Singapore-based Blue Rice Investment Management (Brim) has received an investment from hedge fund incubator NewAlpha Asset Management in a deal that will help bring European investors to its credit-focused fund while providing the Paris-based seeder with much-wanted exposure to Asia.

NewAlpha’s undisclosed investment in the Brim Asian Credit Fund brings its assets under management to just under $60 million, which is double the $30 million in AUM the absolute return strategy managed as of last October, according to Brim founder and chief executive Guan Ong.

NewAlpha is wholly owned by Paris-based OFI Asset Management, which oversees about $65 billion in mutual funds and management mandates. OFI AM itself is jointly owned by French mutual insurers Matmut and Macif, which are in the process of merging.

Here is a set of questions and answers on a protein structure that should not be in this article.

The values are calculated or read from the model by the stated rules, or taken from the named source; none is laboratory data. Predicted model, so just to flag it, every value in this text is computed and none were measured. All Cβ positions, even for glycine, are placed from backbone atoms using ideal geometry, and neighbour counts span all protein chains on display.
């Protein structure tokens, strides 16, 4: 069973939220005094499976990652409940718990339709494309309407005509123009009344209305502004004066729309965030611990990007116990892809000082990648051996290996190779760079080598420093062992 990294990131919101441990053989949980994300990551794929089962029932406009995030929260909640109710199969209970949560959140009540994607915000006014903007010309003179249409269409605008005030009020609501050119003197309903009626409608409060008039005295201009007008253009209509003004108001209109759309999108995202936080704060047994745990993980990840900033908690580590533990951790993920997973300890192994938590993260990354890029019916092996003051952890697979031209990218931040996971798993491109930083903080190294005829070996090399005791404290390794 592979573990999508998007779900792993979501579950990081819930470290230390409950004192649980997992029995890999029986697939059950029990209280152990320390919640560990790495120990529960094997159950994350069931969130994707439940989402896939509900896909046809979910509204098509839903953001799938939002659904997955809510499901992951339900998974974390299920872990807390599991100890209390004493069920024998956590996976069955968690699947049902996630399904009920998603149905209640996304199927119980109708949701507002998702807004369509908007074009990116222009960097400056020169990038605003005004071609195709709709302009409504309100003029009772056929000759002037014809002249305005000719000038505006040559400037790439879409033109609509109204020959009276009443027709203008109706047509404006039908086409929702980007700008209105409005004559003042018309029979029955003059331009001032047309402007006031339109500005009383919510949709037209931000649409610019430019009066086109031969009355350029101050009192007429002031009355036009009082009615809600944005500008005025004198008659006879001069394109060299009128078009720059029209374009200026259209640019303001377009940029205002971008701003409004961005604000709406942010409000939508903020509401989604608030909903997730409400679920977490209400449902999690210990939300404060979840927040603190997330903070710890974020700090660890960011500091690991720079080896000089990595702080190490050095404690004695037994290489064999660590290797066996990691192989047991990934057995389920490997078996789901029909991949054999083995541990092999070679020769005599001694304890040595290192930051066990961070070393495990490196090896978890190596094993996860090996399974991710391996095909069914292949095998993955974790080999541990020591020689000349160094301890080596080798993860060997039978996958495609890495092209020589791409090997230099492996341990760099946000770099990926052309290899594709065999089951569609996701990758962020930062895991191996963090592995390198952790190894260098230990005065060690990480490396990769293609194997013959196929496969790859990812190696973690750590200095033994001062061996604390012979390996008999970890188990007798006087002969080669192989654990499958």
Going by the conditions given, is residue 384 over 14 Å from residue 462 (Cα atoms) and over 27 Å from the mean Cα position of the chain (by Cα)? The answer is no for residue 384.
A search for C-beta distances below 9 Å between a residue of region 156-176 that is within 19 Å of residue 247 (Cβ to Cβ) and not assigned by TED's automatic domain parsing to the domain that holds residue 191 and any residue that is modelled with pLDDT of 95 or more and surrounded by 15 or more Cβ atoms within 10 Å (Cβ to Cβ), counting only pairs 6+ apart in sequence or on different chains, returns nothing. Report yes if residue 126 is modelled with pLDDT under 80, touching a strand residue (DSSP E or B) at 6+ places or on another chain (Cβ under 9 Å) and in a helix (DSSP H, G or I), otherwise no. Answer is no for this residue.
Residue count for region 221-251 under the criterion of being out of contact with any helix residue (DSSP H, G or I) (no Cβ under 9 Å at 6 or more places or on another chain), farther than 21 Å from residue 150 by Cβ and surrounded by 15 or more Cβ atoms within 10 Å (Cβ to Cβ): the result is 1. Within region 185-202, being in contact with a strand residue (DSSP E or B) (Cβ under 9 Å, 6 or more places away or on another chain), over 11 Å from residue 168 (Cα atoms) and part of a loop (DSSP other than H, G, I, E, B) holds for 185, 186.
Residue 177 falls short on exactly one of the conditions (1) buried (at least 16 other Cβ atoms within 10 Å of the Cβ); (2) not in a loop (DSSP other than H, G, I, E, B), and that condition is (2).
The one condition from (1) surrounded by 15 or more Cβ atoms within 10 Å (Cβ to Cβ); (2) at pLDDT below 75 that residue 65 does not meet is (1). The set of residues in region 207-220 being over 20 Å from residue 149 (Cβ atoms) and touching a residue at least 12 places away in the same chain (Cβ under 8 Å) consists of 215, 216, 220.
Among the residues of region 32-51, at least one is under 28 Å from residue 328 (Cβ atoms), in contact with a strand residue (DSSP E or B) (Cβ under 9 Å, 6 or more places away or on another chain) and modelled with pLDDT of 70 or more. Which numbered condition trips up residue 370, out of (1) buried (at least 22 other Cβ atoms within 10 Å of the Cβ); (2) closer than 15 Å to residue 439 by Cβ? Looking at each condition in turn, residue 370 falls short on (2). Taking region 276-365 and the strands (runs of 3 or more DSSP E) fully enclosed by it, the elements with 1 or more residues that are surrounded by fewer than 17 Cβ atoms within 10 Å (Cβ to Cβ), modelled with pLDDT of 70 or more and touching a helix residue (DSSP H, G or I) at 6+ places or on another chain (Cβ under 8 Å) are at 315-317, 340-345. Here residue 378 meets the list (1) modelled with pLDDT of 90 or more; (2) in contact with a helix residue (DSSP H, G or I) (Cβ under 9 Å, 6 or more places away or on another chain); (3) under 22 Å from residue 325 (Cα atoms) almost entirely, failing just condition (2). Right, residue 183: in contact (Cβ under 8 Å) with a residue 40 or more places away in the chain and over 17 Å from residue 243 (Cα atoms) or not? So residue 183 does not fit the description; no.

Ong says that NewAlpha would be able to introduce Brim to more European investors through OFI AM’s broad clientele, which includes pension funds, insurance firms, banks, corporations, family offices and third-party distributors.

Brim primarily invests in both high-grade and high-yield Asian debt securities that are dollar-denominated and issued by sovereign, financial and corporate issuers. “We’re a fixed-income fund,” notes Ong. “NewAlpha’s parent is an insurance company, so fixed income appeals to them as a product”, given its typically steady gains.

NewAlpha manages $70 billion through four funds of funds that invest in emerging managers. It took the first step of reaching out to Brim, says Ong. “NewAlpha wanted to increase their exposure to Asia. It believes in the growth of Asia as a whole in the market.”

Ong founded Brim in 2009 after serving as chief investment officer at sovereign wealth fund Korea Investment Corporation, which has billions in assets. He is content to manage a smaller pool of assets at Brim, which aims for returns in the high single-digit to low double-digit range and thus suits investors seeking long-term gains with low volatility.

 “As long as we’re sustainable, we are happy where we are,” says Ong.